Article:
Behind These Eyes - Part Two

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Belle heard the car first. She always did. "Mum's back!" she called to her sister. As the words left her mouth she was already on her way out the front door. By the time Mandy had turned the ignition off, both Belle and Alyssa were standing in the open doorway. She stepped out of the car, sunglasses covering the worst of the damage to her face, but by no means all, and went to the girls with a grin. She hugged them both and it was only when they pulled away that Alyssa noticed, and frowned. Then Belle frowned as well, "What's wrong?" she asked. Often Alyssa tried to get things past her sister by not making any noise, but Belle had an uncanny sense of what was going on. Like many with a vision-impairment, she was able to pick up on subtle changes in tone or unusual sileces. It was as though the smelled tension in the air, could hear a smile or a rolling tear.
"Liss? Mum? What's wrong? Something is wrong." she said when no one responded immediately, and the silence continued.
Mandy shook herself slightly, smiled a tight, nervous smile at Alyssa, and then said to both of them, "How about we go and get ice cream?"


Neither of the girls had ever seen their father hit their mother, but both had seen what he did to her. Normally, the bruises were in places easy for Mandy to hide - high on her arms or legs, or on her belly and breasts. It was only when he totally lost control that he ever hit her on her face.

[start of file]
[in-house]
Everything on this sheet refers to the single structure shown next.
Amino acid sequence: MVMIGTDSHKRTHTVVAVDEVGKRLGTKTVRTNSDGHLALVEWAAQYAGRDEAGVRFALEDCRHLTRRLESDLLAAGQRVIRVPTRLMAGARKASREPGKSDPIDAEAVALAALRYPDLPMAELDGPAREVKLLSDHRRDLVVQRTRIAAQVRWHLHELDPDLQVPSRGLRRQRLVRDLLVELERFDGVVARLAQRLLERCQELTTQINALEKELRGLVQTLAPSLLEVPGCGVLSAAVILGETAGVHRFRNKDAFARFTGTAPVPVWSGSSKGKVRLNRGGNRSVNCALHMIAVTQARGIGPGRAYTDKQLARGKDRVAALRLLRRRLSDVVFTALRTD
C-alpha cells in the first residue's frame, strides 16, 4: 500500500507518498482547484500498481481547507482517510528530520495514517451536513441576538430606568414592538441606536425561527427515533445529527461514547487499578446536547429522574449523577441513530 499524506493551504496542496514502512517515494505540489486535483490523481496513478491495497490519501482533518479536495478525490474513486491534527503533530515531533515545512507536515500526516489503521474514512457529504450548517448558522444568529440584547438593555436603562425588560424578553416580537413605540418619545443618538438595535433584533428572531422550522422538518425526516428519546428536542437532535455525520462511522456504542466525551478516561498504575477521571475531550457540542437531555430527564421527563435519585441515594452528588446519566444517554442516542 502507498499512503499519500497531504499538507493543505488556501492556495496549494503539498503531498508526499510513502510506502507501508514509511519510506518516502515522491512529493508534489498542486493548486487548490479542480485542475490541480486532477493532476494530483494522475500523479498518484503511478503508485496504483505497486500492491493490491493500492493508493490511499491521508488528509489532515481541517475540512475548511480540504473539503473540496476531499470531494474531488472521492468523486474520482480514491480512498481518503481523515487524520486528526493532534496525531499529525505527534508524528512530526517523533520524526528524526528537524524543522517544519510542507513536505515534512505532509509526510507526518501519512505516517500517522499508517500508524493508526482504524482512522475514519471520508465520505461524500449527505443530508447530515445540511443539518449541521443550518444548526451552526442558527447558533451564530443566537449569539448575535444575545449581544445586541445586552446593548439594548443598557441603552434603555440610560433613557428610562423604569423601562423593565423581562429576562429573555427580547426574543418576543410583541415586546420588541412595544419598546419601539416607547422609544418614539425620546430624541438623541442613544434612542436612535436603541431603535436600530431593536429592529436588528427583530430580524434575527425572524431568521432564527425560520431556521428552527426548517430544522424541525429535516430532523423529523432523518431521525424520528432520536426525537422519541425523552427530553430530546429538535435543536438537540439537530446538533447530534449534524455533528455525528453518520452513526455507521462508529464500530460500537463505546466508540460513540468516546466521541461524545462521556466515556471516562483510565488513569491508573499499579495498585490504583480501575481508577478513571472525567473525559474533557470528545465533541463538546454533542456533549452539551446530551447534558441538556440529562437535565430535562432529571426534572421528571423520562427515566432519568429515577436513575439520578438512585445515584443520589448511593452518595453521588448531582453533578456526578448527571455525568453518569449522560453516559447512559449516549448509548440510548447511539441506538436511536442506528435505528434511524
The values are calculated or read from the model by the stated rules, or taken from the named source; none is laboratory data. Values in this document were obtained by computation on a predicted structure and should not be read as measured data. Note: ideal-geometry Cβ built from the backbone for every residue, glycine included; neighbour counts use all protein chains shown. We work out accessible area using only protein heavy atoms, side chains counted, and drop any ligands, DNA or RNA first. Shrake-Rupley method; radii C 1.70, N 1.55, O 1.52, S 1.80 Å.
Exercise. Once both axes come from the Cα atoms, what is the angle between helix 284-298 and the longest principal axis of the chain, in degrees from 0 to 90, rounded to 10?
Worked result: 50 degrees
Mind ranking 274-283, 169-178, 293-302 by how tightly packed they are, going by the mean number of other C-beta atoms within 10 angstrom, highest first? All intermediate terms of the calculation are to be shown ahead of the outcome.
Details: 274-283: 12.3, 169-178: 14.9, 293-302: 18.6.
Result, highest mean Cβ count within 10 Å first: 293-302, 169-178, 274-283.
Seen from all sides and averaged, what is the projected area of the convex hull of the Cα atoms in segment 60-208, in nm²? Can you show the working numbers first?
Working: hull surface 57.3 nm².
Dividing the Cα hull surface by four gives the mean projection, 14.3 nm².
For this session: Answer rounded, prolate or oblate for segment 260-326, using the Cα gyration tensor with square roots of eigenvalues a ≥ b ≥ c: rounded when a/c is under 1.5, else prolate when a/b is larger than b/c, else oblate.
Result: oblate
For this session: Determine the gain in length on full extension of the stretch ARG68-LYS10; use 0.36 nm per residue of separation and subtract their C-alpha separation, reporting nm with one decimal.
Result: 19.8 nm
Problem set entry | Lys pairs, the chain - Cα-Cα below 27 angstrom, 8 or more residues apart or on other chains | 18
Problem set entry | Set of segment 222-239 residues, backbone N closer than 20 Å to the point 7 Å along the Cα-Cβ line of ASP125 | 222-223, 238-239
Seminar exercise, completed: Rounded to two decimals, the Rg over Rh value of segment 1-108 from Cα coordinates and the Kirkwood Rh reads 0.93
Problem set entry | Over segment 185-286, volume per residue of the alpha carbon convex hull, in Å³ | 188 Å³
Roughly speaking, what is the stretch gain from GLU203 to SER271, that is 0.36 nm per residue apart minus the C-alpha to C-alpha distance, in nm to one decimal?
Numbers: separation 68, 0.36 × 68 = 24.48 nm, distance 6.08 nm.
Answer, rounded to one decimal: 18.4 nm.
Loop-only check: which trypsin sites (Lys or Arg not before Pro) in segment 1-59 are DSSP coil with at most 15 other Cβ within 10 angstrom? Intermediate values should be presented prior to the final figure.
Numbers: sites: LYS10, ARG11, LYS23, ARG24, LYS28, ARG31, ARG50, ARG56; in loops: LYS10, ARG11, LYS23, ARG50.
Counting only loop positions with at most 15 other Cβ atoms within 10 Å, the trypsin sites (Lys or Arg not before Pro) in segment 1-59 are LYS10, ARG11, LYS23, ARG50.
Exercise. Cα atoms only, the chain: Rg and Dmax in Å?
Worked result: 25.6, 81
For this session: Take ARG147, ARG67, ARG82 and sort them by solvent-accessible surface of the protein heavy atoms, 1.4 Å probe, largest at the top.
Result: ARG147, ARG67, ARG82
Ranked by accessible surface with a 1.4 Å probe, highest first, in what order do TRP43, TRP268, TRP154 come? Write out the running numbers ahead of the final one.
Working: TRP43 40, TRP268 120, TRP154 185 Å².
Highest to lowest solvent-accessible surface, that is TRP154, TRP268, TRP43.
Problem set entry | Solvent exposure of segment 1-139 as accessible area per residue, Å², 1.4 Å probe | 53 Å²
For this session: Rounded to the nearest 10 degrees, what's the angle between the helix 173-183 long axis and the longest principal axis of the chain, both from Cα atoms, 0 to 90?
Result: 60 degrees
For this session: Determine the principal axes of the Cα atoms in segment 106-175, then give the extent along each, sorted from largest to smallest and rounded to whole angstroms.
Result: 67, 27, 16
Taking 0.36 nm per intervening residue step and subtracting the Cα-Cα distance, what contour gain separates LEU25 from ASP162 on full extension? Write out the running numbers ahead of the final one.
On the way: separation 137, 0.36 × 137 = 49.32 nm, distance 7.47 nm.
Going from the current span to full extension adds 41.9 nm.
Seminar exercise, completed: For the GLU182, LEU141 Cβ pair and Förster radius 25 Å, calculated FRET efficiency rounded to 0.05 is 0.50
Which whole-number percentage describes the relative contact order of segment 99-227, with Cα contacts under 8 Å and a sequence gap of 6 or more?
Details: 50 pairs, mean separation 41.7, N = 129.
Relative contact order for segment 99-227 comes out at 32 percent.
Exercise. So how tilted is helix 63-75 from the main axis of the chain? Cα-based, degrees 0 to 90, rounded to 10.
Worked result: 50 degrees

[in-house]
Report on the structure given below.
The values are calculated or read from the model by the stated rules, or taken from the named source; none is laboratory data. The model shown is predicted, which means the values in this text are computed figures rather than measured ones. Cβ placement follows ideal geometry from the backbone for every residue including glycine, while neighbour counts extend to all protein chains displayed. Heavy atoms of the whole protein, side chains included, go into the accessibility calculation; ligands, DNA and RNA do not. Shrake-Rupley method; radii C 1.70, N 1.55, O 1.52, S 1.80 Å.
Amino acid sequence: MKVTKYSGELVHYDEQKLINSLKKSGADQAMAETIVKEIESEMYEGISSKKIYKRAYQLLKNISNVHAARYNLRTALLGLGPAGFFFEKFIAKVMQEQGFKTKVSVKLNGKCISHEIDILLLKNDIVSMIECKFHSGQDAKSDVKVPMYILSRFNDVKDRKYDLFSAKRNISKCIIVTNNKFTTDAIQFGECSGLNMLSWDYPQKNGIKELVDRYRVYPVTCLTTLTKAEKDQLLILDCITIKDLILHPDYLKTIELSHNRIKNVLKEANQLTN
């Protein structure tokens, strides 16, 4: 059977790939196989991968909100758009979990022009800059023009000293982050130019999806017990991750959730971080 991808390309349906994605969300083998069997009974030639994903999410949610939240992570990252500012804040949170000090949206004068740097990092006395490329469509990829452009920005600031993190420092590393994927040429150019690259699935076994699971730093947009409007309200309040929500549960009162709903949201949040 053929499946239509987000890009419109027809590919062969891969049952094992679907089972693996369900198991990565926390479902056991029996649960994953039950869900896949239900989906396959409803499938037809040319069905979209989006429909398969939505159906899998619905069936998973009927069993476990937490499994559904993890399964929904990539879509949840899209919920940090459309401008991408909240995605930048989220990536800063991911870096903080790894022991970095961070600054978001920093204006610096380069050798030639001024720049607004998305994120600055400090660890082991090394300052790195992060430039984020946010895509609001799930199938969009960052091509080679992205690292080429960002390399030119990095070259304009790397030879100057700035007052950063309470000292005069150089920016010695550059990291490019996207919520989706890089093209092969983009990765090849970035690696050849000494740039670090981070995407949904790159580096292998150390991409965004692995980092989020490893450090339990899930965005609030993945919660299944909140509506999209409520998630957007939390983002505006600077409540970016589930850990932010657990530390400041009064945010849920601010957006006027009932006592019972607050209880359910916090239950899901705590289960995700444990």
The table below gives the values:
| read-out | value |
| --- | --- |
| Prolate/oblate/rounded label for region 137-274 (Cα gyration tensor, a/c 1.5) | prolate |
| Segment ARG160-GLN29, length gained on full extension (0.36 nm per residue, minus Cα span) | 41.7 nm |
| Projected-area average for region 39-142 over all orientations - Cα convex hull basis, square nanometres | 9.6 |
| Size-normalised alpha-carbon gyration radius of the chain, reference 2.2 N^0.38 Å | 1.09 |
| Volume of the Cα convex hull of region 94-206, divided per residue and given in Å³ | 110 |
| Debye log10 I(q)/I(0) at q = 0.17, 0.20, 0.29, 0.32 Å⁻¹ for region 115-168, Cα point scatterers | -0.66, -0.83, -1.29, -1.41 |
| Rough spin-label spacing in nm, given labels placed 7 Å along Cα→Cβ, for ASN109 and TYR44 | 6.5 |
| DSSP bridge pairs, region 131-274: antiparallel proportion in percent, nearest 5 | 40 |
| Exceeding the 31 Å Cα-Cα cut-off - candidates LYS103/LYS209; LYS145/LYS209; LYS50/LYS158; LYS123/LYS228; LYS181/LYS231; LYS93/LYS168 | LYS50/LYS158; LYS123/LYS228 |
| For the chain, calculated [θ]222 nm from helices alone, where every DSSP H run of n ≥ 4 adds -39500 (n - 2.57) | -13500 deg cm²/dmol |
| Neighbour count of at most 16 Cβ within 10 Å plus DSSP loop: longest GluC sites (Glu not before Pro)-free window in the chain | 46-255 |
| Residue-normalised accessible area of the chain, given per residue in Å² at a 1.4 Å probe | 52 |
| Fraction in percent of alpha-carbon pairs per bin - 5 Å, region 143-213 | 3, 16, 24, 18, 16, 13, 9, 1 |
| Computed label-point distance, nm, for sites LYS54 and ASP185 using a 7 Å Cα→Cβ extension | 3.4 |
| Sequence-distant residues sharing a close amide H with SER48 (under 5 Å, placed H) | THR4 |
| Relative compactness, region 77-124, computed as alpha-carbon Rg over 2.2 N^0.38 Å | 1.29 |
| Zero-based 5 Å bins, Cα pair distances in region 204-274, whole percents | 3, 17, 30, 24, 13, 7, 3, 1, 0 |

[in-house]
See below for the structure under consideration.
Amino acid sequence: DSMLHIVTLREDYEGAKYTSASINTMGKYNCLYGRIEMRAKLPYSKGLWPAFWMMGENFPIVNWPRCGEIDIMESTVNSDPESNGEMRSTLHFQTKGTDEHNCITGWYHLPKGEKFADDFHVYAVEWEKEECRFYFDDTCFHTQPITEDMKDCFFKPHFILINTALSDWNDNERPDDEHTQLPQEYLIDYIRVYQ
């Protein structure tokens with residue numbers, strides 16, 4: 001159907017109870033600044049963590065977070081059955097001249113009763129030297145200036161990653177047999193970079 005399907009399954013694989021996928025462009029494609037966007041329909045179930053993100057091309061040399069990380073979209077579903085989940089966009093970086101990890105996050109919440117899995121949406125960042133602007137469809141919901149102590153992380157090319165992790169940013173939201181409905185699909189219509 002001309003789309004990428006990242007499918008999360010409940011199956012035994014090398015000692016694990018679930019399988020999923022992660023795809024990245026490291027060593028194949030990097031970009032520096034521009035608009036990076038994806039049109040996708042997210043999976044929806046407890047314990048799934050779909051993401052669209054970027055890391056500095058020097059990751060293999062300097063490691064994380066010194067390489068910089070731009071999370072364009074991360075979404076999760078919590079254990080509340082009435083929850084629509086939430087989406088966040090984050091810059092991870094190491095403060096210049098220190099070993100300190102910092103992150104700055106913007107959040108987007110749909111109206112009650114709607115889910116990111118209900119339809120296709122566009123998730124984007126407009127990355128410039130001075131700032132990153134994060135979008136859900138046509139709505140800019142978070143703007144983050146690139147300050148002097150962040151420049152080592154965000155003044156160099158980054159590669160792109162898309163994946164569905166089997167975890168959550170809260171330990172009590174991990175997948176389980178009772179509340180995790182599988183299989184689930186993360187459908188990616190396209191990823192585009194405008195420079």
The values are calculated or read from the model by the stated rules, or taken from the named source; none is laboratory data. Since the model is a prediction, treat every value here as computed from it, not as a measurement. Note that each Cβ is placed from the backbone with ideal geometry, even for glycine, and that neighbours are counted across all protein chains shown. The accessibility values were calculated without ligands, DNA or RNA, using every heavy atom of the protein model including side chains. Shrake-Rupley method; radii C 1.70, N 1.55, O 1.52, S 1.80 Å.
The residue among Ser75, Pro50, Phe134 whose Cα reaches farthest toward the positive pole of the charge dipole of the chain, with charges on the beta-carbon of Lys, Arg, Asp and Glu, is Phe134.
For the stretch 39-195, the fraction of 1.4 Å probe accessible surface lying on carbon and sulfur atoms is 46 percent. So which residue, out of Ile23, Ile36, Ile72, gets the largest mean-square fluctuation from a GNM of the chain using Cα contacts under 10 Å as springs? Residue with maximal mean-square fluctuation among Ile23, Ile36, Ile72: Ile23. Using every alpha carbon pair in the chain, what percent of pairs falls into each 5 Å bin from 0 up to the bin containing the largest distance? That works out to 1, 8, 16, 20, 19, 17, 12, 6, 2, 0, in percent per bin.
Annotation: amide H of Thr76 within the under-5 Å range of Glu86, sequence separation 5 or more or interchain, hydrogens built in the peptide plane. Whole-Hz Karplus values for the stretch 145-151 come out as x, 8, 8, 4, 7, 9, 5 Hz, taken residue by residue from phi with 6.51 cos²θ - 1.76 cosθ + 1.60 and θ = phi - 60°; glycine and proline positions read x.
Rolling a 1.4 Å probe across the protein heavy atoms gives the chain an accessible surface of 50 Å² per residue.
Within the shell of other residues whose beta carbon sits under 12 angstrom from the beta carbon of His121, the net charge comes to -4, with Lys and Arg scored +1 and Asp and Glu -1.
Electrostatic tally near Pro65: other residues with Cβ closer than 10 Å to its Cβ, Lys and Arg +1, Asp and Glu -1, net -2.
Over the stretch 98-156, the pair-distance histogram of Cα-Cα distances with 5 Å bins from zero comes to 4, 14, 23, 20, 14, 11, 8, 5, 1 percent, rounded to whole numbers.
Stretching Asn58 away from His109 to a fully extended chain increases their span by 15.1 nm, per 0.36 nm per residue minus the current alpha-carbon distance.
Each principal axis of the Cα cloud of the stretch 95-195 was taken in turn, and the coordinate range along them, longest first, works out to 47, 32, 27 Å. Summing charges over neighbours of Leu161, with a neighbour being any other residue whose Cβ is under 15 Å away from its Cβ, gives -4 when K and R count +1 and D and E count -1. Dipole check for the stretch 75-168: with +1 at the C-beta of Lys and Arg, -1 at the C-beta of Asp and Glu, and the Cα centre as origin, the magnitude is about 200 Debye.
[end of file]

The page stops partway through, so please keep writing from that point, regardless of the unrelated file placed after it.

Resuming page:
Although it was difficult to leave their father - and Mandy to leave her husband of twelve years - it was an unspoken relief not to have to live with the fear of his wrath anymore. Eventually, with a great amount of help from Mandy's sister and brother, they found a three bedroom flat in an older suburb, filled it with second hand furniture and clothes, and moved in.

They never heard from Peter again. Although some financial help would have been welcome, and both Allysa and Belle often wondered if he thought about them any more, the three were perfectly happy not to have to worry about him anymore.

Eventually, their lives began to settle into new routines. Alyssa started high school, made friends, got good grades, and agonised over who was going with who to the end of year twelve formal dinner. Belle learned to read braille, and entered the school system, helped along by a tutor and afternoon sessions at the school for the blind. Mandy took on a string of part-time jobs, eventually securing a full-time position as a receptionist at the local medical centre. She rediscovered her self-confidence, and when she asked out to dinner and a movie by one of the doctors, she gladly accepted.

Their lives hadn't changed dramatically when Jamie entered their lives, but it had very gradually gotten easier. Jamie started coming around for dinner once a week or so, then more often. Eventually he was staying for breakfast too, and about a year after that first movie, Jamie and Mandy decided to move in together. Alyssa and Belle were consulted, and both seemed pleased with the arrangement. Alyssa was due to finish school soon, and was wrapped up in final exams, university applications and the all-important dress and makeup planning for the formal. Belle, now in year ten and trying to work out what her future held, was just happy to have Jamie around on a more regular basis so that she could beat him at Monopoly. Jamie had helped her convert a regular Monopoly game with braille labels on the properties, and she had become a skilled and ruthless player in short order.